Our daily roundup of retirement news your clients may be thinking about.
How seniors can finance upsizing to a new home
Older couples who consider moving to a bigger or more expensive home have the option to apply for a reverse mortgage for purchase, according to this article on CBS Moneywatch. For example, say they sell their old home for $300,000 and purchase a bigger house for $450,000. They can use a portion of the sale proceeds to pay a large down payment, say 52% of the new property's home sale price, and finance the rest with a "reverse mortgage for purchase." In the process of this example, they would even pocket up to $66,000 from the home they sold, minus any closing costs. If they used Realtor, the commission could be several thousand dollars and would reduce their net gain somewhat. The reverse mortgage loan doesn’t need to be repaid until they sell the new home, pass away or move out, as long as other obligations are met, such as property taxes, insurance and maintenance.
Prepare for the rising cost of living in retirement
Clients engaged in retirement planning tend to overlook the impact of inflation through their golden years, according to this article on U.S. News & World Report. A report from the Stanford Center on Longevity shows that people are likely to have a longer retirement, meaning their retirement income should be bigger in the advance years to account for the increase in the cost of living. For example, clients who plan to live off on a monthly income of $3,000 may need more than $4,000 in income per month when they are halfway through their golden years to maintain their lifestyle.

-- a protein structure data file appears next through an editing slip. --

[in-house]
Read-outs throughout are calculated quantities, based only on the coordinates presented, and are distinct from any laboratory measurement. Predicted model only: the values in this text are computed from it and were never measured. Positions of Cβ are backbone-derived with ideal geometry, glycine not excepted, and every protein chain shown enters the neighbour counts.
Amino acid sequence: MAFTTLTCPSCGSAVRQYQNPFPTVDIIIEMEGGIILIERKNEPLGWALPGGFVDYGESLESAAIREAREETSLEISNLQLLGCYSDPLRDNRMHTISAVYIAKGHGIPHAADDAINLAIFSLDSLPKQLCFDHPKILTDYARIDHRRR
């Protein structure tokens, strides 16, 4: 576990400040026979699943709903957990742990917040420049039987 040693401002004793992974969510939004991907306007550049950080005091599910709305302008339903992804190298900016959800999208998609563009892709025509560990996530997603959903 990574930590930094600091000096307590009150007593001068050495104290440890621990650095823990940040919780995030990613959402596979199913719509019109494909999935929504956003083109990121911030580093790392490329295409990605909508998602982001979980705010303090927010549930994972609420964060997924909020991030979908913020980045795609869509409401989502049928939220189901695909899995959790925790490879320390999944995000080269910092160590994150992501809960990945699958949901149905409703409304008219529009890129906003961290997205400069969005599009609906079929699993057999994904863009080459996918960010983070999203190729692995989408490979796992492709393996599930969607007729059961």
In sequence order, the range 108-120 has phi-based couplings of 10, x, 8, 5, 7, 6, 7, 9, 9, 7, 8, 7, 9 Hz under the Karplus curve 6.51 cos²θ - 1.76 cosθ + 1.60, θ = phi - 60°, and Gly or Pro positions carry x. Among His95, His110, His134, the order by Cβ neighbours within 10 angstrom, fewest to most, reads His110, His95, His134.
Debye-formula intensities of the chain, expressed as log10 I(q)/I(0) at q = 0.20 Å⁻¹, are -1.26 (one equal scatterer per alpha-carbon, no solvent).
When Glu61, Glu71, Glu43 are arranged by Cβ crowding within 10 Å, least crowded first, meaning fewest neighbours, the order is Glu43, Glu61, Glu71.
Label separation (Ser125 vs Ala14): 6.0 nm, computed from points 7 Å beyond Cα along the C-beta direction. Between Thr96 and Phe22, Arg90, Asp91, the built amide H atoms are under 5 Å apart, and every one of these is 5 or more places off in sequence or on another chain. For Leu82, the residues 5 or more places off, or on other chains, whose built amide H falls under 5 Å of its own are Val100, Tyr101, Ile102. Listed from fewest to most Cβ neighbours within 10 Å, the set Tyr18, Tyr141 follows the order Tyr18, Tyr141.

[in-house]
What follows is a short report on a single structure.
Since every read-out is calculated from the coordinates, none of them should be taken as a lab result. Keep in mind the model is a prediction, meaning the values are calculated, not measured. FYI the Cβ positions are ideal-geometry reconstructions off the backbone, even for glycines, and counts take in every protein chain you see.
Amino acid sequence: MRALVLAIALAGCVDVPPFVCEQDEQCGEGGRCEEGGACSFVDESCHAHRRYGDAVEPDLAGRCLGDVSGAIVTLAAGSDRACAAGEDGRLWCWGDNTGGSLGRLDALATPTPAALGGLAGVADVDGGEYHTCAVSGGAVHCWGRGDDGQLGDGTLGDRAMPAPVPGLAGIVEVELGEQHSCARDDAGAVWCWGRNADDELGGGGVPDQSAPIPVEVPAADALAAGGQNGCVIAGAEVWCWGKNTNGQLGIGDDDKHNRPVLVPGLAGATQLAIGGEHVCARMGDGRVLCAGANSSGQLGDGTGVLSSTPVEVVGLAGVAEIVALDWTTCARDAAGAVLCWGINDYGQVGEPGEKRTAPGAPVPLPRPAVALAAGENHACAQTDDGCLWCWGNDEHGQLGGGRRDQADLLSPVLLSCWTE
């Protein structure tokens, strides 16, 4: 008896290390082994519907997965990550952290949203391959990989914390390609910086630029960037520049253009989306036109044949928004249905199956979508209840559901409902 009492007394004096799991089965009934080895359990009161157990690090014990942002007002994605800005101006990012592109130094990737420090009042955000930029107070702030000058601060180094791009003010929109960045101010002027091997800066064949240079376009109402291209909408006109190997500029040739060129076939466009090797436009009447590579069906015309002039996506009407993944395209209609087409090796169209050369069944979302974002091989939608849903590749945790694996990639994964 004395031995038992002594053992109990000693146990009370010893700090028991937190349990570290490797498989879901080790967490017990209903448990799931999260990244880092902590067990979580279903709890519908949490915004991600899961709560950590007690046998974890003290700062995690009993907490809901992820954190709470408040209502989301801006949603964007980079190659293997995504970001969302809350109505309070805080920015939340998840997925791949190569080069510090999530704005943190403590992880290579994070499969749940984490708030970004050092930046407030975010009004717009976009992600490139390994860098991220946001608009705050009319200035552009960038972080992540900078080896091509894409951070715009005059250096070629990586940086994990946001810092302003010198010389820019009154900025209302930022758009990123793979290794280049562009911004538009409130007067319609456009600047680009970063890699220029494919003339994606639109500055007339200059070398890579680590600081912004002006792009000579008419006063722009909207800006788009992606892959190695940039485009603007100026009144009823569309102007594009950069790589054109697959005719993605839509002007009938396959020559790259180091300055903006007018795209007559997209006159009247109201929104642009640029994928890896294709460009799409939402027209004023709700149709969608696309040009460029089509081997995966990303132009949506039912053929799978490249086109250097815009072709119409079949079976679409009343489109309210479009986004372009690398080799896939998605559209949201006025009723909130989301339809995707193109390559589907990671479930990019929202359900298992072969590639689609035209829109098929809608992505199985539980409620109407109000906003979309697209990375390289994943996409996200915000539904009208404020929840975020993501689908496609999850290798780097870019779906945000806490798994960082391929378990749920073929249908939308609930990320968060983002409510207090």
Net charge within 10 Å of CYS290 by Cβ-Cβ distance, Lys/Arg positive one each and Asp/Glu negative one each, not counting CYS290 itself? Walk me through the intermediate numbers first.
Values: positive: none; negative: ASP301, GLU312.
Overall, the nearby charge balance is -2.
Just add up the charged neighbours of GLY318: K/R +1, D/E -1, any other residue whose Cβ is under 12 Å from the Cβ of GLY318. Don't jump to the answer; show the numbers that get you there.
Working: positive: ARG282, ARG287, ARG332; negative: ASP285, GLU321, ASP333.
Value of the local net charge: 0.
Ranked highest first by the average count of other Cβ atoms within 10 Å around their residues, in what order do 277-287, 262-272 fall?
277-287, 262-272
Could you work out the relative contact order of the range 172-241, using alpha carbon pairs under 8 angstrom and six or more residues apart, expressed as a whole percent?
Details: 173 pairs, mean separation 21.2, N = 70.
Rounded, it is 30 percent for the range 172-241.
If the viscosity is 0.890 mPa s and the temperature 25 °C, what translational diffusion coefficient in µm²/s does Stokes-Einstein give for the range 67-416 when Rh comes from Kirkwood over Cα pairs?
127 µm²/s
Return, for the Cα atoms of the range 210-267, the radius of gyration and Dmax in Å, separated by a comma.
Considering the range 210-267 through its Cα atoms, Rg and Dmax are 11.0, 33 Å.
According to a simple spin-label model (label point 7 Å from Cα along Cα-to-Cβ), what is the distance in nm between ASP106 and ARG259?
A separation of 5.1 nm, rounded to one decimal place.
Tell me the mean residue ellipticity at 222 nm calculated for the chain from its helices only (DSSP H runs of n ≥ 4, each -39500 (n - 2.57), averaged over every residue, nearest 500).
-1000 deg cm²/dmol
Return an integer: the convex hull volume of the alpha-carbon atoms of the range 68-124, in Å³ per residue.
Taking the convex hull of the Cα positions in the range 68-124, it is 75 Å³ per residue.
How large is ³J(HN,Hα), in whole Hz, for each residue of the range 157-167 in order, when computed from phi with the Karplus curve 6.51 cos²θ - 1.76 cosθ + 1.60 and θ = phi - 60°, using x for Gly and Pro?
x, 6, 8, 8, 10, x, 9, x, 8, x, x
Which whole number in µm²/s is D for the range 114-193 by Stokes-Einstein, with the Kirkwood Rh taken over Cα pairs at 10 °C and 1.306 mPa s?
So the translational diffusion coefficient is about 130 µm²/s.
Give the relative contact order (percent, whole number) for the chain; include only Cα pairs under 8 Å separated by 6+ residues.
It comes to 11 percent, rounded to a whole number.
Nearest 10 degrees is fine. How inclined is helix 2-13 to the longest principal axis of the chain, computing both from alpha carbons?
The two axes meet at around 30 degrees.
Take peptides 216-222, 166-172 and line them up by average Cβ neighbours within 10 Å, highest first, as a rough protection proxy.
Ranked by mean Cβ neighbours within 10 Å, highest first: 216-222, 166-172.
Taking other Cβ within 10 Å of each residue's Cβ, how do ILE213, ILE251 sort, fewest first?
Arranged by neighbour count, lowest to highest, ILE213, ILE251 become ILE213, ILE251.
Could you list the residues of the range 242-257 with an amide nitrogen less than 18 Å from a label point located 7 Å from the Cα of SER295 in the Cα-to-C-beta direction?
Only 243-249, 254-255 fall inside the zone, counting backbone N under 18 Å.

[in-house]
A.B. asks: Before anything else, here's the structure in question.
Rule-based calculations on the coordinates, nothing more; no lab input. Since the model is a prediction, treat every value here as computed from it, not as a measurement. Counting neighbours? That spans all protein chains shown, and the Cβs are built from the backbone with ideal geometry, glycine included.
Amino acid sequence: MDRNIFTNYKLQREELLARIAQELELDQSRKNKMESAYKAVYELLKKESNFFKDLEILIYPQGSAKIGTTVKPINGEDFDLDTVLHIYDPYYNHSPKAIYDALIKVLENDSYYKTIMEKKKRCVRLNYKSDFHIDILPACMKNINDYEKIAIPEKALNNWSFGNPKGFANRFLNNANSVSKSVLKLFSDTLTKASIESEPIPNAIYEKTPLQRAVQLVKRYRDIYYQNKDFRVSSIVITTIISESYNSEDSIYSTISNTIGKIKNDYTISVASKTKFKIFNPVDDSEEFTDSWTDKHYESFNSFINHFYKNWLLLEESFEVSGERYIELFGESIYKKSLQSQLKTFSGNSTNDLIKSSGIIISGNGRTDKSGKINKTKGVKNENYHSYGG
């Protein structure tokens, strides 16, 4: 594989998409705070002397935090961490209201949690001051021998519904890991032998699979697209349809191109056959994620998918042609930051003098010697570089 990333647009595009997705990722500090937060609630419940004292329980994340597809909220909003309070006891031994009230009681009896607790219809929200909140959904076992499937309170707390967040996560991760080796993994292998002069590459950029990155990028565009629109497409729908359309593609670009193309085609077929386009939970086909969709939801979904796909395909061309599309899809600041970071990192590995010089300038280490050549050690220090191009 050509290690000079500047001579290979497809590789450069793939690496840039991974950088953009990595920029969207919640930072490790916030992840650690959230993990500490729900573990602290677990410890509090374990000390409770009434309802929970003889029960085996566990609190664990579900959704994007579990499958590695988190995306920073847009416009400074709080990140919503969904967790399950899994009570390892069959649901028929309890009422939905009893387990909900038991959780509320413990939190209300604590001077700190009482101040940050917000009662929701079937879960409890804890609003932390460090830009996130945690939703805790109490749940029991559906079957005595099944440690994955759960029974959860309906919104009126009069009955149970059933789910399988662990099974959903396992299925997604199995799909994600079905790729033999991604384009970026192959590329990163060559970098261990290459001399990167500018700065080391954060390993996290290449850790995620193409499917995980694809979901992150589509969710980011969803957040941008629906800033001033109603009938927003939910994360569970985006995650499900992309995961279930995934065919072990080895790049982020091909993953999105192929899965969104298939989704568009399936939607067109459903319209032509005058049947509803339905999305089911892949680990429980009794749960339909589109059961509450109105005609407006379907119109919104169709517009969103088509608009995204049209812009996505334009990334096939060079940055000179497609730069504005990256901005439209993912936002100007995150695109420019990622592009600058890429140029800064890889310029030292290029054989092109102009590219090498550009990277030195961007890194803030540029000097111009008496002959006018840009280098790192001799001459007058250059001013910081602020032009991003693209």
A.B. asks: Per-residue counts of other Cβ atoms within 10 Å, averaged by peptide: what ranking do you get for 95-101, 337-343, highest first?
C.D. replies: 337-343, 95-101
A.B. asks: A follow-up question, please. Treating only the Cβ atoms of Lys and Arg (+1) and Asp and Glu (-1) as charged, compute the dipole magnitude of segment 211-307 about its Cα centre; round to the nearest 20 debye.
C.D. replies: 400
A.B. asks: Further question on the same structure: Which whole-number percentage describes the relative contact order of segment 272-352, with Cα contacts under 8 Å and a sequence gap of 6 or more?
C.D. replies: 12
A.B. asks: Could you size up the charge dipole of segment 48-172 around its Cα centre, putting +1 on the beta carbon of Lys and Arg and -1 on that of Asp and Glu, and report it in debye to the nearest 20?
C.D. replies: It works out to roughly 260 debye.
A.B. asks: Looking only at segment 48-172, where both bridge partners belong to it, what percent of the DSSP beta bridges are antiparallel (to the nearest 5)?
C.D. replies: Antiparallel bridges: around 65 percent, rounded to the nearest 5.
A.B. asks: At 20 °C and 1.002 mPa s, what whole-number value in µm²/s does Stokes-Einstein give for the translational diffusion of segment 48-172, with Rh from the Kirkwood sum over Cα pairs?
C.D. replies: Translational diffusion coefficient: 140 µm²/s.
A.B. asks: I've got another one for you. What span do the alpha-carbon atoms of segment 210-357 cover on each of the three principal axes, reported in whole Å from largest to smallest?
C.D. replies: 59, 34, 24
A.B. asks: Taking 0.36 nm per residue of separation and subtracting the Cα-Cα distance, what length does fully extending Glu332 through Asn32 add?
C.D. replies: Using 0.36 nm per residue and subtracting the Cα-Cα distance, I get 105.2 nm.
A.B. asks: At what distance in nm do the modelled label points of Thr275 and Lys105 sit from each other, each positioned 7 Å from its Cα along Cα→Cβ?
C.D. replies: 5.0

Are clients worried about running out of money during retirement?
People are advised to work longer and boost their savings rate if they fear they will not have enough money to cover their needs through their golden years, according to this article on MarketWatch. They may also want to defer their Social Security retirement benefits and get a part-time, temporary or seasonal job to have secondary income. Retirees who worry about running out of savings may find ways to minimize their spending and consider running their own business to earn more income.
A hidden Social Security windfall for divorcees
Divorcees are entitled to Social Security benefit based on their former spouse's record once they reach 62 and their ex-spouses are collecting their own retirement benefits, according to this article on Kiplinger. They qualify for the divorcees' benefits if the marriage lasted for at least 10 years and they have never remarried. The clients' own retirement benefit should be lower than their divorcee's benefit, which is 50% of their former spouses' retirement benefit.